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Rich Harden To the Chicago Cubs Is a Bigger Bargain Than You Think

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Rich Harden To the Chicago Cubs Is a Bigger Bargain Than You Think

Rich Harden hasn't thrown a full season in the big leagues.

The Cubs gave up too much for a health risk.

These are just a couple of the complaints brought up after the semi-blockbuster trade between the Cubs and the Athletics earlier this month that sent Harden and Chad Gaudin to Chicago for Sean Gallagher, Matt Murton, Eric Patterson, and Josh Donaldson.

We'll get to the health issues first.

Gaudin was brought in as a potential starter in the bullpen. The trade had a built-in component for insurance reasons, in case Harden gets sent to the disabled list again. And lets be honest, even without Sean Gallagher, lefty Sean Marshall seemed to be more major-league ready right now; and the Cubs are thinking about "this year" not "next year". 

I have complete faith in Marshall and Gaudin to get us through the season without too much trouble.

On the other hand, if Harden stays healthy, the Cubs have arguably the best rotation in all of baseball. 

Jason Marquis would be a third starter on half of the teams in baseball, but on the Cubs, he's fifth. Ted Lilly, who's having a down year after last season's fantastic campaign is the fourth starter. Carlos Zambrano is still the ace, as he's the heart and soul of this team.

Ryan Dempster is probably having one of the most pleasantly surprising seasons in the entire league after a rough stint as the closer last year.

Going into the playoffs (and I think it's safe to assume as much nowadays), the Cubs will take Zambrano, Harden, and Dempster into the first round's short series. 

That's sick good. 

If an injury occurs to Harden, it would likely be Zambrano, Dempster, and Lilly.  In both of those situations, I think it's safe to say that Marshall will be in the bullpen, regardless.

So essentially, the Cubs gave up nothing on the pitching front in this trade, when we get to October. Gallagher wouldn't start anyway, so his loss won't be felt during baseball's second season.

But what about the other three guys? The really promising ones?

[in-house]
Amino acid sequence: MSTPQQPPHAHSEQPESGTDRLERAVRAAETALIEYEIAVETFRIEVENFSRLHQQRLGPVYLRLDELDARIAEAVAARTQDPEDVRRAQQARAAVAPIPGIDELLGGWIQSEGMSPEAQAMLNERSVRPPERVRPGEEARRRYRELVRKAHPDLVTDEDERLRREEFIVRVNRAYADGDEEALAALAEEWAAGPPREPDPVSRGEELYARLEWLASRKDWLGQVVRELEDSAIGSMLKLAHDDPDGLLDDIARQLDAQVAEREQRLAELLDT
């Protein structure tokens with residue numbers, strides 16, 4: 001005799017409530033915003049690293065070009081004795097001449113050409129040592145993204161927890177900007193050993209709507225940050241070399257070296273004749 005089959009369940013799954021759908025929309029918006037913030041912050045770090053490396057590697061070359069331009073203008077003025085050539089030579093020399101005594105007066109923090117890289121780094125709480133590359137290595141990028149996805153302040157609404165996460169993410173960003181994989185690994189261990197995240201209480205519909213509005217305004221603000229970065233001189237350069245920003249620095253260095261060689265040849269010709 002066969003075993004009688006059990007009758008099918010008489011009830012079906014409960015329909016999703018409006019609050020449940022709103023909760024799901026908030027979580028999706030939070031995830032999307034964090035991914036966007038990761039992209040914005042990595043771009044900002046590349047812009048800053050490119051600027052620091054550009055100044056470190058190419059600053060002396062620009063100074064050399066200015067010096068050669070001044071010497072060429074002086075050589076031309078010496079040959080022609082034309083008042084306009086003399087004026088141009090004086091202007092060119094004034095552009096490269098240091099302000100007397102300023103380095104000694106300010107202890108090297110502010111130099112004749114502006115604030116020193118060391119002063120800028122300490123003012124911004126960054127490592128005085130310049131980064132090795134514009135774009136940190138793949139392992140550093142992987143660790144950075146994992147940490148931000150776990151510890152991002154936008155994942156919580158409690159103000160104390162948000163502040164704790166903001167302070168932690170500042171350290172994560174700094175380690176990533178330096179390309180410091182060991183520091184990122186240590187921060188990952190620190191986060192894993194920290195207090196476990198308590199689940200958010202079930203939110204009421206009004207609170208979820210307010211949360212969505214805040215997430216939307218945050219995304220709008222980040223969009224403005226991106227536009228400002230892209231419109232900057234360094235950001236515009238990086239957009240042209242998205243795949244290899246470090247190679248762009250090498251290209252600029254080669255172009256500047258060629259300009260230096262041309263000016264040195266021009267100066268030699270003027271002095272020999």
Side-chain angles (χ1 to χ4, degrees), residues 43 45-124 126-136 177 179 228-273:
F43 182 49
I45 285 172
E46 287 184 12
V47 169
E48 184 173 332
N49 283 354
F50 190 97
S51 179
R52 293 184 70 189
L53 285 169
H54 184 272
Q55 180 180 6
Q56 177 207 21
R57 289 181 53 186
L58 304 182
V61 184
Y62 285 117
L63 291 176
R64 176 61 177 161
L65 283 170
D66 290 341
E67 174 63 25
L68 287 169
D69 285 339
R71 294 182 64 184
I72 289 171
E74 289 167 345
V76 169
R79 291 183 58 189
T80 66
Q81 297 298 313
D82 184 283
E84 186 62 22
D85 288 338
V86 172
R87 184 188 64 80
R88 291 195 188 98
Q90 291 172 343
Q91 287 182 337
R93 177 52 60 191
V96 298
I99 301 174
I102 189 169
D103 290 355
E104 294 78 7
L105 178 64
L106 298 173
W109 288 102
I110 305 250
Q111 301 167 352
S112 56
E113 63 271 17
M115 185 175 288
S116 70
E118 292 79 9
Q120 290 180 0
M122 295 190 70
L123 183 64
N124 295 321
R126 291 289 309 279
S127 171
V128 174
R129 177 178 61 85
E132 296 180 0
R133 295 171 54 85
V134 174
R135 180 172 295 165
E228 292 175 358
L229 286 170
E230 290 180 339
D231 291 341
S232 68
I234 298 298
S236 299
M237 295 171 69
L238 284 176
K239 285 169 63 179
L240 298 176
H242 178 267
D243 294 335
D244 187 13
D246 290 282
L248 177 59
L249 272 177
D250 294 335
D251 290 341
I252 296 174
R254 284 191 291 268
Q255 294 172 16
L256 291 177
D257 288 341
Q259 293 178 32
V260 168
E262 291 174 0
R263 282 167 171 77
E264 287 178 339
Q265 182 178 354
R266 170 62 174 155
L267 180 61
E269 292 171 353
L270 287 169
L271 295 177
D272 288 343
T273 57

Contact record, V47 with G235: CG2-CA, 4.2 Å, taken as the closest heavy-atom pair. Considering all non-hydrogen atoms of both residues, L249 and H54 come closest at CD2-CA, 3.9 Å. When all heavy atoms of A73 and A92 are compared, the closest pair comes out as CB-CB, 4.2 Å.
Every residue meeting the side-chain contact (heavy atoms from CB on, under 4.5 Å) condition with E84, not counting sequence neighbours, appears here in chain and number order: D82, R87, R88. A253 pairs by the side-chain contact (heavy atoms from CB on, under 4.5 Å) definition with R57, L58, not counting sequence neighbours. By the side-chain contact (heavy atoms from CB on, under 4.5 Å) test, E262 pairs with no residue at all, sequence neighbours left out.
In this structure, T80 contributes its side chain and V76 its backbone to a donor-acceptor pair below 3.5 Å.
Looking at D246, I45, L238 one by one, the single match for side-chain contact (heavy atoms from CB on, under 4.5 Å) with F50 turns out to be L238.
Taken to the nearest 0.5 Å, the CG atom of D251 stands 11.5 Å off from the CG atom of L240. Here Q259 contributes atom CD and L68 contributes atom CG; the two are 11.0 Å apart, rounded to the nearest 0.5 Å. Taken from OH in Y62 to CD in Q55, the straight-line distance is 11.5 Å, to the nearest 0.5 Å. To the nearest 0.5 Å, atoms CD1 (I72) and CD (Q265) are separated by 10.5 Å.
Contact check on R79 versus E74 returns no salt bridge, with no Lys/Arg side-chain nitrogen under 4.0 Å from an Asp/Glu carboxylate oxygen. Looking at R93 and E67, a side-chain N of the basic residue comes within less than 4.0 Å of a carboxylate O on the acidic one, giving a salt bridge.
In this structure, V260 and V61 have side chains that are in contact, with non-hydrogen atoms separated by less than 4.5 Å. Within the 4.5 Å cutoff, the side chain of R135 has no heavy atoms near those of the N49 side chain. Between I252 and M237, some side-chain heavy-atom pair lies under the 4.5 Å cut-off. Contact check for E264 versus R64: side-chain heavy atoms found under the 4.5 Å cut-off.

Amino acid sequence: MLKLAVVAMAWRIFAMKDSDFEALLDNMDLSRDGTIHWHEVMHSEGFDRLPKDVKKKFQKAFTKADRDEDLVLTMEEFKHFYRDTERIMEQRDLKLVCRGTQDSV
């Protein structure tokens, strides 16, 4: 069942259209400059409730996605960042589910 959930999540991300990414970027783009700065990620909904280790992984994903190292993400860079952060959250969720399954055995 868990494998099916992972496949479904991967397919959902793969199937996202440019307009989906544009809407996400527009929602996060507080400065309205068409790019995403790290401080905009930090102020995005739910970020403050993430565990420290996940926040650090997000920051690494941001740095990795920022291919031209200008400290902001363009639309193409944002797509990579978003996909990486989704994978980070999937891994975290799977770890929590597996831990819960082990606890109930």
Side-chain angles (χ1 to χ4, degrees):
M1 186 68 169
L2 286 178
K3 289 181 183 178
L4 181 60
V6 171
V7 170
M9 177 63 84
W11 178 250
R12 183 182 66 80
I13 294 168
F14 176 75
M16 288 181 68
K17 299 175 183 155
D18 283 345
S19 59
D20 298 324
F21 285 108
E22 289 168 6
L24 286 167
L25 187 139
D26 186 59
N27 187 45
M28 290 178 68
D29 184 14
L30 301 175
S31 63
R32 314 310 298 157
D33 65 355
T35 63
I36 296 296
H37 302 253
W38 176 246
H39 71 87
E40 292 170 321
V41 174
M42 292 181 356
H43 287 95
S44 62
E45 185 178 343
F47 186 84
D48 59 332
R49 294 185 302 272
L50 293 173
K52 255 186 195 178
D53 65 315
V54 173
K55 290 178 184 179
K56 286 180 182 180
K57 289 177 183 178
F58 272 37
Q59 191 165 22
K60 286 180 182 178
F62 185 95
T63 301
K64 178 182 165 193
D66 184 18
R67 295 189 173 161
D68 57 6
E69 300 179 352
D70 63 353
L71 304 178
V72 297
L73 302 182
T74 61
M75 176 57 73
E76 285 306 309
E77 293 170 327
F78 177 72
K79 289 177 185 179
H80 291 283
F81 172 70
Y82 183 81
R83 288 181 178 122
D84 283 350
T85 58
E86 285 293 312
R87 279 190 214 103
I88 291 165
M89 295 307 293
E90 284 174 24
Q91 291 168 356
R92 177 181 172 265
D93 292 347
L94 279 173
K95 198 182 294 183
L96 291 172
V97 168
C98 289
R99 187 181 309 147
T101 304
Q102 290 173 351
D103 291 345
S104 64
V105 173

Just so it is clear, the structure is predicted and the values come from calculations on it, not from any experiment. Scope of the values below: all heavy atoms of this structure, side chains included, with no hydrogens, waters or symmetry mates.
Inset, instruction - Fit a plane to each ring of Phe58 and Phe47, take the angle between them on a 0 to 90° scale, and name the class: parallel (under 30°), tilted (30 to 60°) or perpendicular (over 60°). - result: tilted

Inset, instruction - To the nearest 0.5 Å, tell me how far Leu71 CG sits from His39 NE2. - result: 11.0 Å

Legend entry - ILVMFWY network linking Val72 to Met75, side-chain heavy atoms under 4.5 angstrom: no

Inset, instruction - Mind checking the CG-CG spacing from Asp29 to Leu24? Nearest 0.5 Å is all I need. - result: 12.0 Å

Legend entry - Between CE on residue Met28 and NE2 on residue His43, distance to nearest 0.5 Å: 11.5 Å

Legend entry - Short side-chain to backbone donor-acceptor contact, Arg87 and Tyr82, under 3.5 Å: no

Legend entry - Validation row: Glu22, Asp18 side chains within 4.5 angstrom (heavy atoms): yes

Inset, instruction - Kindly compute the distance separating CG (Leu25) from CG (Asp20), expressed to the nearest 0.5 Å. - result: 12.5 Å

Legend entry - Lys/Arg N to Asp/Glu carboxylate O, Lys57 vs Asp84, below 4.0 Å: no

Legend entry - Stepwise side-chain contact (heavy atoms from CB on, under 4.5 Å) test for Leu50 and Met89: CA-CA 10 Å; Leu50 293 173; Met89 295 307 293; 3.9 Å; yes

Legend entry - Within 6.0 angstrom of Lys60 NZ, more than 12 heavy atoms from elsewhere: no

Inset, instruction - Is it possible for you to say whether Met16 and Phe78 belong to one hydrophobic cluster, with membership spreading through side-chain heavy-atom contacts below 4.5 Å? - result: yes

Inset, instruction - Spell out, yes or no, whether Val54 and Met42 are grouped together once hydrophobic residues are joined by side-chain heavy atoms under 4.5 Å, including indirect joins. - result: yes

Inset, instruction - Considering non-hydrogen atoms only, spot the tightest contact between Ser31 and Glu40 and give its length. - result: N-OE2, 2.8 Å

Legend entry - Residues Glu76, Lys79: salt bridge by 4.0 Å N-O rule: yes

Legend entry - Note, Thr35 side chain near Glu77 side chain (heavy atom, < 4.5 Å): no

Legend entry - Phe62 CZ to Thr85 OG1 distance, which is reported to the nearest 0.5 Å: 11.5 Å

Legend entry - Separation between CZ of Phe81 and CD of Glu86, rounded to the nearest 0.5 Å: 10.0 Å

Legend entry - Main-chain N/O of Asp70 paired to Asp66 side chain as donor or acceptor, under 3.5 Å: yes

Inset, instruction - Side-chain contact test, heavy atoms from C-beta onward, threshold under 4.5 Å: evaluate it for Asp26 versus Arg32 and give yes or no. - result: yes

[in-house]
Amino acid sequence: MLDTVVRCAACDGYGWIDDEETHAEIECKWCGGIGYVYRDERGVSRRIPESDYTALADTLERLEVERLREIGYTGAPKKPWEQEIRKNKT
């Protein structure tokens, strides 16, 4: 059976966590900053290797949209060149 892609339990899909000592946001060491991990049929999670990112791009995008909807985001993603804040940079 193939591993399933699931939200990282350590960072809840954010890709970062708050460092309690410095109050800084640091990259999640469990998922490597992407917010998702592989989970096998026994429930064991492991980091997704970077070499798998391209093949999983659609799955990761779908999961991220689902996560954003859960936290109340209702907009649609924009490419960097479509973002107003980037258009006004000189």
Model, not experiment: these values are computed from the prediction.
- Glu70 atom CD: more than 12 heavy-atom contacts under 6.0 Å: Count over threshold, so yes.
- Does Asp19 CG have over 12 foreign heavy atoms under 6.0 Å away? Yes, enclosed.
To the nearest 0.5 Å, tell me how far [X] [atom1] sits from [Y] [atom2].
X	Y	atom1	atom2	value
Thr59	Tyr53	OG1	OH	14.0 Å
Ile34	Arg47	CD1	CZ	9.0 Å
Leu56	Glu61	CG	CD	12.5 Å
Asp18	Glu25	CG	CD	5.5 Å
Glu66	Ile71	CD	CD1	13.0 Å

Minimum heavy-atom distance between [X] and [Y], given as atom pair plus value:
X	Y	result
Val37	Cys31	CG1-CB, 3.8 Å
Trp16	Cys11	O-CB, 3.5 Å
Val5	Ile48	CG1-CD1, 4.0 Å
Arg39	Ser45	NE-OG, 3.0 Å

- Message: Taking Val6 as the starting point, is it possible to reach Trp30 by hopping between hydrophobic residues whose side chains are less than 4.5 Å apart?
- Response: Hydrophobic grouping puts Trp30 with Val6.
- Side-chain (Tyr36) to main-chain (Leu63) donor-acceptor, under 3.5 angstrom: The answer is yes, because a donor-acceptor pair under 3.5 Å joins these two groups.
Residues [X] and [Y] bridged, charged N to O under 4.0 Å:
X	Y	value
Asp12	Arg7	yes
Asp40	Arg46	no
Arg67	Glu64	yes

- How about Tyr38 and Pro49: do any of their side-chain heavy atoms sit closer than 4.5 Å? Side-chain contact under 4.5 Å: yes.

Ok, Matt Murton is definitely major-league ready. Eric Patterson isn't far behind.  So where do they play? 

Murton is a left fielder that "can" play right. Is he supposed to start ahead of All-Stars Alfonso Soriano and Kosuke Fukudome? And by the way, utility man Mark DeRosa has proven he can play pretty much anywhere except center field, and that's only because the Cubs haven't had to ask yet.

So Murton is stuck behind two starting outfielders with several years locked into their contracts. No huge loss there.

Eric Patterson is probably only one year away from making the big leagues on most teams, but the Cubs still have faith in annual Rookie of the Year candidate Felix Pie, and with Reed Johnson and the uber-bargain Jim Edmonds rotating in  center field (Fukudome has also excelled out there).

I just don't see anywhere for Patterson to play.  He's developing into a solid second baseman, but the Cubs are set with DeRosa and the crafty Mike Fontenot, as well as shortstops Ryan Theriot and Ronny Cedeno. 

All of these guys are signed to multi-year deals, so no huge loss there, either.

Josh Donaldson is still very young and has potential, but still needs a couple years to work his way up. The A's were looking for a young catcher, and they got a good one by all accounts, but Donaldson was going to be stuck as a backup for the Cubs behind (probable) Rookie of the Year, and starting All-Star catcher Geovany Soto.

From the sound of it, the Cubs want Soto to be a mainstay in Cubbie Blue for a long time. 

So this time, there is virtually no loss for the Cubs.

Maybe it will all work out wrong, though, and the Cubs made the wrong decisions. We don't know, and we won't find out for several years.

But again, the Cubs don't care about 2012 yet. They care about this year. 

The Chicago Cubs front office is telling the world this one simple phrase: "Next year is here."

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